Dominic Green on the history of transvestites, transsexuals and transgender
This article is taken from the November issue of The Critic. To get the full magazine why not subscribe? Right now we’re offering three issue for just £5.
“I, Tiresias, old man with wrinkled dugs / Perceived the scene and foretold the rest,” T.S. Eliot wrote in The Waste Land (1922). This was uncharitable to Tiresias, but prophetic for the rest of us. Eight years later, in 1930, Lili Elbe of Germany became the first woman to undergo male-to-female sex reassignment surgery.
In 1946, Dr. Harold Gillies, a cisgender male who had helped to pioneer plastic surgery during the First World War, started operating on his colleague Laura Maud Dillon, who was already living as Michael and who, after three years of female-to-male transitioning, was now a transsexual (1949) with the phalloplasty to prove it. Dillon was the first trans man or transman. Detransitioning was not then an option.
It is, to borrow the title of Jan Morris’s sex-change memoir of 1974, a Conundrum. Historically, those born intersex or suffering from gender dysmorphia or what the doctors still quietly call transvestic disorder became transvestites (1922), from the Latin trans (across) and vestire (to dress), via the German transvestit.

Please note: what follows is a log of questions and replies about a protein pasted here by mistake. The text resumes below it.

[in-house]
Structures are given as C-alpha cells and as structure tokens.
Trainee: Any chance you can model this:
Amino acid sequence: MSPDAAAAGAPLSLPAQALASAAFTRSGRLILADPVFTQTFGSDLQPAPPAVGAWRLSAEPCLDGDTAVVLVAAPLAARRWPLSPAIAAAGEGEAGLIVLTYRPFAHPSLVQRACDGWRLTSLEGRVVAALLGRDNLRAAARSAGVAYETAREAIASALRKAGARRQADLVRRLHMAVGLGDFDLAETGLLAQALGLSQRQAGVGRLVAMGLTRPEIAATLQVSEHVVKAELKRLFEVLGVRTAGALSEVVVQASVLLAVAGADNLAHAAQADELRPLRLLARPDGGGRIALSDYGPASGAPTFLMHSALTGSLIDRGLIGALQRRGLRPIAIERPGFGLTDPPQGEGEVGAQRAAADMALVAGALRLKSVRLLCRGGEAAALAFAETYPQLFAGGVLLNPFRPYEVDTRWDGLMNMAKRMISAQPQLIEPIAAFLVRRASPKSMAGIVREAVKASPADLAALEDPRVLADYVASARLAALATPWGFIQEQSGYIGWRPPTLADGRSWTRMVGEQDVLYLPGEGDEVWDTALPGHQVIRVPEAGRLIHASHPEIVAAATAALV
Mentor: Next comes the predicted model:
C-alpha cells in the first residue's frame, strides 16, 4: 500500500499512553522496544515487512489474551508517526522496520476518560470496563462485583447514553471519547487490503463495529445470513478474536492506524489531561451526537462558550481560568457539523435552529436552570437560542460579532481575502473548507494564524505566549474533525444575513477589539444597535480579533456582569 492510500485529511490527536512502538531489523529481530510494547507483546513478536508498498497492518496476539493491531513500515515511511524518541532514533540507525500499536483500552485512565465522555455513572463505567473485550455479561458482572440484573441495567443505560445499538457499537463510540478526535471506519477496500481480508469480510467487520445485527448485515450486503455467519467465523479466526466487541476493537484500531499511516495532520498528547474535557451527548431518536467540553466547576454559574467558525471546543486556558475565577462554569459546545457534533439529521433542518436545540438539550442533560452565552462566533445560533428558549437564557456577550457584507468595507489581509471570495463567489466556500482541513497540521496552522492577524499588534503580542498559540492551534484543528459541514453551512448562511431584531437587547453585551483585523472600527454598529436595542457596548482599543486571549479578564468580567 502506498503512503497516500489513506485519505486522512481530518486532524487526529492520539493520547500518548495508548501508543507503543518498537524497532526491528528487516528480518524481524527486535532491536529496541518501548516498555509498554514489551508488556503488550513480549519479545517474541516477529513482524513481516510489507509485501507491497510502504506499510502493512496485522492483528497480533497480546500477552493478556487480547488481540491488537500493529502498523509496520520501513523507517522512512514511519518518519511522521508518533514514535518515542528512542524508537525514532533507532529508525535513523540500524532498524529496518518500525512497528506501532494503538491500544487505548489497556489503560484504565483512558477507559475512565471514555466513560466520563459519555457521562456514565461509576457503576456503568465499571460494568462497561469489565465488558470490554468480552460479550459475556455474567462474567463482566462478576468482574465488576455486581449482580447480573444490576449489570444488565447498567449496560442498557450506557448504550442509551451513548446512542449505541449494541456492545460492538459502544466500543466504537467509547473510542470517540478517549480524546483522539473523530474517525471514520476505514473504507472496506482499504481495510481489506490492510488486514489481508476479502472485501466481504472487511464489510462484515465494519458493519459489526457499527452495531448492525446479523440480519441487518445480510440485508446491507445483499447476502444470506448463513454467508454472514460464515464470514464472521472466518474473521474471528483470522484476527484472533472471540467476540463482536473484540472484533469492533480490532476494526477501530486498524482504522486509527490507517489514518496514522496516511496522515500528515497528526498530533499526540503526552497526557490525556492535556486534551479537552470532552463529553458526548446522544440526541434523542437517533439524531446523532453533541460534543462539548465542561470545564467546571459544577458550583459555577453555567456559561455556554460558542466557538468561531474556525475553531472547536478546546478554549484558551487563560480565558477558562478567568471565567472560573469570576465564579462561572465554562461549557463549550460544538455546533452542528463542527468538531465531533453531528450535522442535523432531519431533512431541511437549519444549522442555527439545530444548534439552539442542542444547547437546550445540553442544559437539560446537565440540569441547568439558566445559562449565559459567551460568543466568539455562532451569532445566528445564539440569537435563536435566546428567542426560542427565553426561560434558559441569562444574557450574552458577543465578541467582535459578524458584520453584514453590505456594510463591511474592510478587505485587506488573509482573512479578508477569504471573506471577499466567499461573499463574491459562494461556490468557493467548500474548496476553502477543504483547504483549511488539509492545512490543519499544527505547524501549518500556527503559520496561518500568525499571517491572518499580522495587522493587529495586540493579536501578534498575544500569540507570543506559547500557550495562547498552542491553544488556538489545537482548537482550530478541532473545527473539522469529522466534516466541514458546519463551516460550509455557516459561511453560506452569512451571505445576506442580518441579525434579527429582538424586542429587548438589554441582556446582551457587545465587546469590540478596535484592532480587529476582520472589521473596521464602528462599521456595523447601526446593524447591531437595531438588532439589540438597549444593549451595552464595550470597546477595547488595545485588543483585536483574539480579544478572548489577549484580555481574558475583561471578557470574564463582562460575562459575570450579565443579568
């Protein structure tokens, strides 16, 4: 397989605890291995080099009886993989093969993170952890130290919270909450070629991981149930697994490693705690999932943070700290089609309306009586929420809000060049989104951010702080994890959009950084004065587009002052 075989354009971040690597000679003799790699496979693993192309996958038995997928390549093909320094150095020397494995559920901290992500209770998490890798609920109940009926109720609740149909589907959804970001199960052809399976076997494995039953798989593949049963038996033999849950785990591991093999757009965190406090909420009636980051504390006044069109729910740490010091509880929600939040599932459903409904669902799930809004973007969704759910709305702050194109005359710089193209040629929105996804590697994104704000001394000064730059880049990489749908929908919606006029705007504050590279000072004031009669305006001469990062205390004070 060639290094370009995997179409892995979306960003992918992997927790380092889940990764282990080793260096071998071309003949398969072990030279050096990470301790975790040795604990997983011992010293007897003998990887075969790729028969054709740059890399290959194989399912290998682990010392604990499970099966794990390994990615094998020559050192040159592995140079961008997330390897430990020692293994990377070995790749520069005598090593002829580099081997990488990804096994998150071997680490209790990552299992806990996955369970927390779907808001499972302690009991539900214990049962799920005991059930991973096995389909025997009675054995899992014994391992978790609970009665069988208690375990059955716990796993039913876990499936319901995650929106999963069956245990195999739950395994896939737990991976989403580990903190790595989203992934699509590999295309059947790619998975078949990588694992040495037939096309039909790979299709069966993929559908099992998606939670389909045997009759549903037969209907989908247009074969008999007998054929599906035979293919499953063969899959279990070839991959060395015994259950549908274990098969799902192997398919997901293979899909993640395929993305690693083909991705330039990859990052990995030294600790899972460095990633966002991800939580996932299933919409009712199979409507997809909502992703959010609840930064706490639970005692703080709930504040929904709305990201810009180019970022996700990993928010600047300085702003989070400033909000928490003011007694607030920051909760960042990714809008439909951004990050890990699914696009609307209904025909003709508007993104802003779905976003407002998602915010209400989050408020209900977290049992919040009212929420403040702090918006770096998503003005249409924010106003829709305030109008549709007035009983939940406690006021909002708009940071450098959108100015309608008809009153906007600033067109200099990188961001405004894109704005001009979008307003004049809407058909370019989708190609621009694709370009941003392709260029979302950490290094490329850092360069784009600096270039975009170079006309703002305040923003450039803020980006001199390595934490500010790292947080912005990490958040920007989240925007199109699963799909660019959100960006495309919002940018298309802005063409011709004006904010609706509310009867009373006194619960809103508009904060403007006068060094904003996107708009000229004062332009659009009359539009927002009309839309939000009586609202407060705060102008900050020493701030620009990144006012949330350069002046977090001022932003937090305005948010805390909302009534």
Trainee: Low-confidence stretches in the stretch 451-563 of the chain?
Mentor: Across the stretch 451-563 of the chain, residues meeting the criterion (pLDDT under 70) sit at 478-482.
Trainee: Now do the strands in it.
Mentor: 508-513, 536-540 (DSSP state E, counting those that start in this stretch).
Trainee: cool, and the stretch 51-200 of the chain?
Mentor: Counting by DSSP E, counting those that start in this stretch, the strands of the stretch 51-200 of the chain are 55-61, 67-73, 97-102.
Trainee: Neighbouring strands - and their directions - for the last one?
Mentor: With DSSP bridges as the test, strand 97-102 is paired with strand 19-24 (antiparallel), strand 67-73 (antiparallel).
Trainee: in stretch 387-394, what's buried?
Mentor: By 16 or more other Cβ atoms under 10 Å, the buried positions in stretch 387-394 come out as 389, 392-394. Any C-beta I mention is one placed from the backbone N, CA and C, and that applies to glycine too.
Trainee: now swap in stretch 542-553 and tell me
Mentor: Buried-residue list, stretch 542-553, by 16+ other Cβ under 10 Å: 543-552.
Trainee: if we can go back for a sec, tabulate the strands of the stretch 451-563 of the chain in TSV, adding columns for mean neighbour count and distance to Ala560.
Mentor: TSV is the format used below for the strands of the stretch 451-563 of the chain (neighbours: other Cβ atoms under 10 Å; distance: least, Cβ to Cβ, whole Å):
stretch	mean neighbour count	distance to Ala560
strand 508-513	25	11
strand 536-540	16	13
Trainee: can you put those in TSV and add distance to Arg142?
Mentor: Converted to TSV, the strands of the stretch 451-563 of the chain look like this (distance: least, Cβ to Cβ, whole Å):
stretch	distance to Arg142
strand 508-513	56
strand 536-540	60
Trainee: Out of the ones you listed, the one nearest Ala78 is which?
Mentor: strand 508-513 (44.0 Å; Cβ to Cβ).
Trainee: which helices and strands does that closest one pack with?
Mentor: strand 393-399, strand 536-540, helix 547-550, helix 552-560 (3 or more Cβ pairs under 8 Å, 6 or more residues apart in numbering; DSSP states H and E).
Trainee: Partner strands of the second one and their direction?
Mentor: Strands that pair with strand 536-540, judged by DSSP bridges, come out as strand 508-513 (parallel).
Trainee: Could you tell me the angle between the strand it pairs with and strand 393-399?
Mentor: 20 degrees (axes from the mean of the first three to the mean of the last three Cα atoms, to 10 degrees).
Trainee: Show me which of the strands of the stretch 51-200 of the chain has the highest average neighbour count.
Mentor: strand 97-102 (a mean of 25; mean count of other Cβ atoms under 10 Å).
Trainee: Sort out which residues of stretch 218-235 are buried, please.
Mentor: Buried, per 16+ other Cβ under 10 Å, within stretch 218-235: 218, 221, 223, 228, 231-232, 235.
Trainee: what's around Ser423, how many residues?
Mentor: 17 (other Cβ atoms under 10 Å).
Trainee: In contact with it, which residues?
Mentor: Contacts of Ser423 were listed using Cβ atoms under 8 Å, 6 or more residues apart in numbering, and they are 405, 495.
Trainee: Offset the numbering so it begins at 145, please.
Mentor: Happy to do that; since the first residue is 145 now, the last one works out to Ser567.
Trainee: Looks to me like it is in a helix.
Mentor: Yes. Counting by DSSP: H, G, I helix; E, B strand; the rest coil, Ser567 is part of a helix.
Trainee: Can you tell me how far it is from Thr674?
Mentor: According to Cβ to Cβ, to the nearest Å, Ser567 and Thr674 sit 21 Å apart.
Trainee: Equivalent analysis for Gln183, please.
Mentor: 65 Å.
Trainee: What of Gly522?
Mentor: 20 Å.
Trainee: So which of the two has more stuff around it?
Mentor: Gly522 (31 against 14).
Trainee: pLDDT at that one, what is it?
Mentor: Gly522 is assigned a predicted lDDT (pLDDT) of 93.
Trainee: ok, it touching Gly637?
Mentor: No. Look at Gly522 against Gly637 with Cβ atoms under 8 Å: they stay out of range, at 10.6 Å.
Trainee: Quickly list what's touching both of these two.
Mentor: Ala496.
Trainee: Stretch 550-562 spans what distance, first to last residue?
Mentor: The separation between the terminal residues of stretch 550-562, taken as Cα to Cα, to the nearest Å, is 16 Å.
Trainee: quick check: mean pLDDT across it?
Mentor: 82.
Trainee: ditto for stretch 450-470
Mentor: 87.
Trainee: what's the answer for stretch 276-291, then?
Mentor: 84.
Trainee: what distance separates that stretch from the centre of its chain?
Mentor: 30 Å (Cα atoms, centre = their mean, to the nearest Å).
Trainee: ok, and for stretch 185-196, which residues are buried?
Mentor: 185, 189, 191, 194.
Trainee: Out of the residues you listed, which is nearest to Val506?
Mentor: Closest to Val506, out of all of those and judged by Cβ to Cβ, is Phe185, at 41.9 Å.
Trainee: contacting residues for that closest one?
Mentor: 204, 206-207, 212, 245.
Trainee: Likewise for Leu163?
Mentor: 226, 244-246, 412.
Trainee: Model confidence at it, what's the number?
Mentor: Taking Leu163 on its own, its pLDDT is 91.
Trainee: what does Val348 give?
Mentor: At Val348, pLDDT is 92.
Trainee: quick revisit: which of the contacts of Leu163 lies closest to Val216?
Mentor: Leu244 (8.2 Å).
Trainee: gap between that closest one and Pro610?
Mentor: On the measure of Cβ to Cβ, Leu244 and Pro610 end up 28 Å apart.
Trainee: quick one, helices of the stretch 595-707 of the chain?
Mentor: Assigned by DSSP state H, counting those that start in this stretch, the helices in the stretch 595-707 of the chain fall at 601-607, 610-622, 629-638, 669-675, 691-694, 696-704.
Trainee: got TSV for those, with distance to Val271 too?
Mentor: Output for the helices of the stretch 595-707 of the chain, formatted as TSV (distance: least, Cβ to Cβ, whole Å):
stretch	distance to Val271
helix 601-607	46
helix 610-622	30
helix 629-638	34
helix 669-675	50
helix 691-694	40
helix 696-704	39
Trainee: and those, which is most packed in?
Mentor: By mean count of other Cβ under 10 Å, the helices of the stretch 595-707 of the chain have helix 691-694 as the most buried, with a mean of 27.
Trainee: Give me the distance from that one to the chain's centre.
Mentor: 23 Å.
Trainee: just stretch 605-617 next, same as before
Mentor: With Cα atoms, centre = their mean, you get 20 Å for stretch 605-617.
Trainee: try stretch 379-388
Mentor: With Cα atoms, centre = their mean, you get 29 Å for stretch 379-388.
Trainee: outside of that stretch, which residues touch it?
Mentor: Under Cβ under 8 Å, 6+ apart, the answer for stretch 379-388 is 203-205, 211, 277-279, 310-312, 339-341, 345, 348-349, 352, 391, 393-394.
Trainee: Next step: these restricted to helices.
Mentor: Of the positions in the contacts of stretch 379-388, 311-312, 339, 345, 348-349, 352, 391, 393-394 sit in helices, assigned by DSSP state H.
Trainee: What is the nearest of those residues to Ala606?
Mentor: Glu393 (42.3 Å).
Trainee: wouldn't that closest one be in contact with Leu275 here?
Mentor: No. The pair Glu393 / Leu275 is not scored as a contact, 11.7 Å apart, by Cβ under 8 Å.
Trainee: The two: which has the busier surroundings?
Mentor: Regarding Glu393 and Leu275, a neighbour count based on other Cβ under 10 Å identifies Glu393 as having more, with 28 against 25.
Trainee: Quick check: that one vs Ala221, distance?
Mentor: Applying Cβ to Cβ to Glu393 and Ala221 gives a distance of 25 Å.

‘Trans’ deliberately conflates the categories of ‘transvestite’ and ‘transsexual’, in order to create an interest group
“Life is a cabaret, old son,” and the typical transvestite in Britain was a man who derived erotic satisfaction from delivering an exaggerated caricature of his mother in public. More interesting cross-dressers (derogatorily, trannies and gender-benders) include Joan of Arc, the Chevalier d’Éon, the pantomime dame, the principal boy, the first performers of Shakespeare’s female roles, Boy George, the Lady Boys of Bangkok and the handsome sailor who took to the high seas in drag.
Visitors to public telephone booths and Brazil will be familiar with the pre-op transsexual, a man with male genitalia and some combination of hormone treatment and false breasts. This sort of thing has always been the material of low comedy in Britain, but Latin societies take it very seriously, possibly because they are less tolerant of effeminacy in men. In the genre of pornography called reverso, an ostensibly straight man seduces an apparently cisgendered woman, and is visibly pleased when he receives a surprise from the shemale.
Trans deliberately conflates the categories of transvestite and transsexual, in order to create an interest group that, by exploiting self-identification laws, can lobby for civil rights and the state funding that ensues, as well as the psychological rewards of specialness and victimhood.
In 2018, the British government estimated that between 200,000 and 500,000 adults, disagreeing with their biological sex or the binary identity assigned to them at birth, self-identify as transgender. Yet by 2018 the government had issued only 4,910 Gender Recognition Certificates. Three-quarters of them went to male-to-female transsexuals, most of them over fifty years of age.
These post-op transsexuals are a tiny minority within another tiny minority, the less than 3 per cent of trans people who use some form of gender-affirming hormone treatment or surgery. The other 97 per cent remain fully male- or female-bodied. In other words, the vast majority of transwomen are male transvestites with a penis. No wonder so many cis women think it a travesty (1662, from the Italian travestire, to disguise).
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